Are the Packers Doing Enough to Satisfy Rodgers?
Evolution or Revolution is a series that analyzes whether a team needs a few tweaks or a fundamental reboot.
It was a memorable season for the Green Bay Packers, but one that ultimately ended similarly to the last.
The Packers went down to a frustrating NFC championship game defeat to the eventual champion Tampa Bay Buccaneers, one year on from losing at the same stage to the San Francisco 49ers. Between those events, Aaron Rodgers put together a sensational season to be named NFL MVP for the third time.
On the field, Rodgers responded perfectly to the Packers trading up in the 2020 NFL Draft to choose his potential replacement, Jordan Love, in the first round, a move that puzzlingly eschewed the help at wide receiver Rodgers appeared to need.
Consecutive 13-3 seasons under Matt LaFleur are to be applauded. But one Super Bowl ring seems an unfair return for a quarterback of Rodgers’ quality, and there’s growing sentiment the Packers front office needs to do more to enable his success as his career enters its later years.
But data doesn’t wear green and gold, so let’s give it the final say as we consider just how much they need to do on both sides of the ball to get Rodgers back on top.
Led by a remarkable season from Rodgers, who threw for a career-high 48 touchdowns and just five interceptions, the Green Bay offense was rolling.
There were calls ahead of the season for further receiving threats to be brought in to complement No. 1 option Davante Adams. Those didn’t arrive, but Adams as a cheat code did. The first-team All-Pro racked up 115 catches, 1,374 yards and a league-leading 18 touchdowns in 14 regular-season games.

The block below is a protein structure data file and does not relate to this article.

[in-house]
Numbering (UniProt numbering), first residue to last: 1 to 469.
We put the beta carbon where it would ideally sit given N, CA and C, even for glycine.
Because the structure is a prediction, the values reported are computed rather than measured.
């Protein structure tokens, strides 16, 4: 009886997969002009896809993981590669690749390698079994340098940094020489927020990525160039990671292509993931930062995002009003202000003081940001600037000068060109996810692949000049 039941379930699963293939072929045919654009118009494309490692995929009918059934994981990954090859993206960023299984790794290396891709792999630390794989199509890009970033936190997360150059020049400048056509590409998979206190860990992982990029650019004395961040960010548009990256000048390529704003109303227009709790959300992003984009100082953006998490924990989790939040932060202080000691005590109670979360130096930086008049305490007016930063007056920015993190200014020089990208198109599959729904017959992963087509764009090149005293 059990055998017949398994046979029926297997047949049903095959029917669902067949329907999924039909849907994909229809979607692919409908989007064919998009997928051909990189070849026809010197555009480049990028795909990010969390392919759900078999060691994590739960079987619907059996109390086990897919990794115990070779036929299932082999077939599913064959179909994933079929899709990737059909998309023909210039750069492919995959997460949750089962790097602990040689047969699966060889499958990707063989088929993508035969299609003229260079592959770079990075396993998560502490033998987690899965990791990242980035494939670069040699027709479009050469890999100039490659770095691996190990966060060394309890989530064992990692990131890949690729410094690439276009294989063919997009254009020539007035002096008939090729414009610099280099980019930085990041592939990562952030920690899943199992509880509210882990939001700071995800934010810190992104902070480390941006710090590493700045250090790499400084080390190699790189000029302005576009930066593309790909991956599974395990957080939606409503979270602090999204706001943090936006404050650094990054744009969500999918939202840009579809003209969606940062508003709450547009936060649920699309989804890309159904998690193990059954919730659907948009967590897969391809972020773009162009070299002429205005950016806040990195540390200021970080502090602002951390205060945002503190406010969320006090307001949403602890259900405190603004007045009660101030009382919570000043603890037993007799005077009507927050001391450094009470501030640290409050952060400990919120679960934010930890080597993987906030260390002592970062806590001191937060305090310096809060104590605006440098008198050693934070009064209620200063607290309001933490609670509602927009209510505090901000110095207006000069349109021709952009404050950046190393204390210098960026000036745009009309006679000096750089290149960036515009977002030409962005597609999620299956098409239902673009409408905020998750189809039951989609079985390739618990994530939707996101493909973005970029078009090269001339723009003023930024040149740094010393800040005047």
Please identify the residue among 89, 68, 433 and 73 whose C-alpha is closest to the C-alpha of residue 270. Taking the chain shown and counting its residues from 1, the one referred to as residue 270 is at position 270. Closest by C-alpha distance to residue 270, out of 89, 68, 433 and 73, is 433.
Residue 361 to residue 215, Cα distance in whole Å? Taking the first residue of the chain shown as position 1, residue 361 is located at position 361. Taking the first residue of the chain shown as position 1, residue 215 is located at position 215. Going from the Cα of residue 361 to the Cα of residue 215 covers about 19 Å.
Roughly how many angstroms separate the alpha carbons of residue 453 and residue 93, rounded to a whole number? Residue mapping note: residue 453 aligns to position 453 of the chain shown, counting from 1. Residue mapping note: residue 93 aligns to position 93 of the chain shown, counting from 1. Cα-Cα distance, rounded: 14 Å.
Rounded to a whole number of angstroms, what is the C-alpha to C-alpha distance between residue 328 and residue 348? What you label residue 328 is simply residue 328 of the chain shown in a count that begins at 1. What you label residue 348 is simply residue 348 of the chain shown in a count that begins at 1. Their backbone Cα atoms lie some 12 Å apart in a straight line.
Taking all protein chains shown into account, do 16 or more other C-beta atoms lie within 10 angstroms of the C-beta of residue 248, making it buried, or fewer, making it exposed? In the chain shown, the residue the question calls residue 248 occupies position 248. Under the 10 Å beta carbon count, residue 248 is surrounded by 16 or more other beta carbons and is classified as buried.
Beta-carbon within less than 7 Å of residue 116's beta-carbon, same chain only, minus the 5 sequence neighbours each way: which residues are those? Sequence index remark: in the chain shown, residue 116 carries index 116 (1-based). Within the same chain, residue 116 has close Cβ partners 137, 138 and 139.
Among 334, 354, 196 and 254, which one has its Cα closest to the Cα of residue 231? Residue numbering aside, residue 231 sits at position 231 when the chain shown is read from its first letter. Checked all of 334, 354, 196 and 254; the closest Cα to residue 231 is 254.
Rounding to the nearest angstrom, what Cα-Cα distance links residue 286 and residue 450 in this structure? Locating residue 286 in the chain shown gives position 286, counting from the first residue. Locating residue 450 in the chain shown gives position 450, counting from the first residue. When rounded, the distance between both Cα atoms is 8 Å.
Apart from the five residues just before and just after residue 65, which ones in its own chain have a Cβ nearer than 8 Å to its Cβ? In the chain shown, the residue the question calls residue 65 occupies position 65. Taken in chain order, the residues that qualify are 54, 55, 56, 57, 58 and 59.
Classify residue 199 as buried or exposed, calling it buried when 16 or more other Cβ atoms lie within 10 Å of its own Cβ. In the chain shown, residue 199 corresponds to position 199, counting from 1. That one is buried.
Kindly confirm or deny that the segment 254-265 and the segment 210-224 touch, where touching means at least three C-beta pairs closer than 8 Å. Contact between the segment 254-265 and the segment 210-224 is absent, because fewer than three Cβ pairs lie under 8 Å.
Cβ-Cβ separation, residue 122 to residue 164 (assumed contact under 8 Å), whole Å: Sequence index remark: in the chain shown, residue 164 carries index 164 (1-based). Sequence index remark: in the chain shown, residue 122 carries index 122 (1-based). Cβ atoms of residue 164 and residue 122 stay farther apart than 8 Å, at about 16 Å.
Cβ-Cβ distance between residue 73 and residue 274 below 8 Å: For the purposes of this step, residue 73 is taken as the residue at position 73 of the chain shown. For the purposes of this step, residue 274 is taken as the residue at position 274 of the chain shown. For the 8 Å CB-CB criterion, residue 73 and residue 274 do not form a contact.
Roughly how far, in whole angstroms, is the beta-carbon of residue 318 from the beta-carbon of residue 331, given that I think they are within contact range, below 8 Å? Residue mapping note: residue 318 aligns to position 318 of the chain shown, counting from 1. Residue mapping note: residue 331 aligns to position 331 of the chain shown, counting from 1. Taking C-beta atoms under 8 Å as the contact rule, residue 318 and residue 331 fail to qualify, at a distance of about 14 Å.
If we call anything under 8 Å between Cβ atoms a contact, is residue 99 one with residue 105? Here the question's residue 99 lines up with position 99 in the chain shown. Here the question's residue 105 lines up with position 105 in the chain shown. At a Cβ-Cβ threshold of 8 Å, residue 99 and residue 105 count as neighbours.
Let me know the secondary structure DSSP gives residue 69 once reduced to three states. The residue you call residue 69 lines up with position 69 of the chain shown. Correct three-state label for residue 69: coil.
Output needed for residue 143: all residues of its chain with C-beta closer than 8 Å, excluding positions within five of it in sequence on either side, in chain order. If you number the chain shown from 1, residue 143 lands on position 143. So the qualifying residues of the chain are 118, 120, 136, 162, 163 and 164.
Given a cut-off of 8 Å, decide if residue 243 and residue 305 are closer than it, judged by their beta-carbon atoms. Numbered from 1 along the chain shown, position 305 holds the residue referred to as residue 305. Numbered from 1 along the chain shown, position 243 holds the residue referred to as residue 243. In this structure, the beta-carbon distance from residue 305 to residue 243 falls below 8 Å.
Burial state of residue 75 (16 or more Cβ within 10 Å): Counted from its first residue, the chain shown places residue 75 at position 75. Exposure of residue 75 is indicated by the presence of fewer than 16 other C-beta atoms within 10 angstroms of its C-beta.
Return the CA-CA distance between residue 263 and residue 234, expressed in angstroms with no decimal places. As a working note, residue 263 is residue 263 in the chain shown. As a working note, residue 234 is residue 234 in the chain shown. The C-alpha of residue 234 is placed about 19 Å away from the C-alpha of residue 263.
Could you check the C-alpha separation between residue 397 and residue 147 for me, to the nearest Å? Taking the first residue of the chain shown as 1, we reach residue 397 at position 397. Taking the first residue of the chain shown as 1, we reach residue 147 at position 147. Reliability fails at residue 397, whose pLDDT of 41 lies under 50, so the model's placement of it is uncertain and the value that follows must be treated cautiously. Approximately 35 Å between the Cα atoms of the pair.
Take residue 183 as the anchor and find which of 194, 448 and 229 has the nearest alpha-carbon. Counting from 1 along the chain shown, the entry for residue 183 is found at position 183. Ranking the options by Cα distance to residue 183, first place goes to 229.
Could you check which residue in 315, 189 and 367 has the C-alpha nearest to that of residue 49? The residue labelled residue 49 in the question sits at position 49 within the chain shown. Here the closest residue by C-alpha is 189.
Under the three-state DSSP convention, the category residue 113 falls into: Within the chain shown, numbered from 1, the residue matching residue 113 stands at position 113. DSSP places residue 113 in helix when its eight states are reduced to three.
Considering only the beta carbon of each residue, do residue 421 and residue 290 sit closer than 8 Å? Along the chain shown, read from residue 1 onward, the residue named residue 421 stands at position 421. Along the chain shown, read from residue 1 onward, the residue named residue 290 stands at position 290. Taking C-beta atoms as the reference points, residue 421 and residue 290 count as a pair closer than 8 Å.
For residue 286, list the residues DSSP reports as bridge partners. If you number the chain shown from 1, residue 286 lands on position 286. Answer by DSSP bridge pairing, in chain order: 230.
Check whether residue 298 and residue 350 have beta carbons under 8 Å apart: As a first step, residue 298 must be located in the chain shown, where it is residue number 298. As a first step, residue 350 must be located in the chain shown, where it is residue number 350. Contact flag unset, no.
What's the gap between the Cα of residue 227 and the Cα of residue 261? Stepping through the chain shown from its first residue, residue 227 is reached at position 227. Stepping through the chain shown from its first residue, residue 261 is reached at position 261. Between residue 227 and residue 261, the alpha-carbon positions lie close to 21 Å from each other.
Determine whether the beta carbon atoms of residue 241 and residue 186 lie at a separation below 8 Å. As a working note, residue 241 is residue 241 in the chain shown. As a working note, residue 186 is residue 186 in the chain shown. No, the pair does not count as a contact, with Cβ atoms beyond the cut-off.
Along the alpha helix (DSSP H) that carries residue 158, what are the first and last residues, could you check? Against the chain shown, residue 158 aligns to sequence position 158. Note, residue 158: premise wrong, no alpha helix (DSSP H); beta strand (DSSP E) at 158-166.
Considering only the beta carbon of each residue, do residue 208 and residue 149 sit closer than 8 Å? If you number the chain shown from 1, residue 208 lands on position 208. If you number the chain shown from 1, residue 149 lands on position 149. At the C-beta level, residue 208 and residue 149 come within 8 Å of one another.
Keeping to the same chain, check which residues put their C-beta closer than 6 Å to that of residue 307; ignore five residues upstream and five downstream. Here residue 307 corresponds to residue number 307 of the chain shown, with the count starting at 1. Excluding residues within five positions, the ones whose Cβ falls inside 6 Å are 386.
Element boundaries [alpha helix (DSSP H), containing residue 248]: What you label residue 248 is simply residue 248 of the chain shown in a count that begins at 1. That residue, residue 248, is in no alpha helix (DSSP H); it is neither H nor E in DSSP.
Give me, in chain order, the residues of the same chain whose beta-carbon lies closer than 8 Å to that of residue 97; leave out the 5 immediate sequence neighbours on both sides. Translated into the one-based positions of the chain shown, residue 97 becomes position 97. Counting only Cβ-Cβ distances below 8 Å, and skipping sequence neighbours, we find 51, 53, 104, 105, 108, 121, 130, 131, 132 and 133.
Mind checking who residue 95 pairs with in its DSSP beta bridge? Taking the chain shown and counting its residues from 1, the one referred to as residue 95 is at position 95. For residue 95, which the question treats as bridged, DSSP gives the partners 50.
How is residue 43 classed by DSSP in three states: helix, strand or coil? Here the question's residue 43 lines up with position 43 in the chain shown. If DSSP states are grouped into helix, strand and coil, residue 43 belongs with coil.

The Packers were ninth with 256.6 passing yards per game, but that figure came with them having the least attempts (526) of any top-10 passing offense, suggesting they often had much more in the tank if it was needed.
Similar can be said for their 57 completions of 20 or more yards, which ranked ninth in the league. When Rodgers did go deep, they were highly effective, and the average yards gained on those throws was 33.1, third best in the NFL.
Marquez Valdes-Scantling continued his slow emergence as a deep threat, averaging 44.8 yards per catch on the 10 of those 20-plus yard plays he accounted for. His overall record of 20.9 yards per reception from 33 catches was the NFL’s best, and it’s increased in each of his three NFL seasons.
The Packers’ run game was strong, with their 134.2 yards per game good for eighth in the NFL, while they were 16th for runs of 10 or more yards with 49 such plays. Running backs contributed in the pass game too, with only Adams and tight end Robert Tonyan having more catches for the team than Aaron Jones’ 47.
There may still be calls for Rodgers to be handed a stronger supporting cast, but after such an impressive year, they may not be as loud this offseason, with attention perhaps better focused on other areas of the roster in the NFL Draft.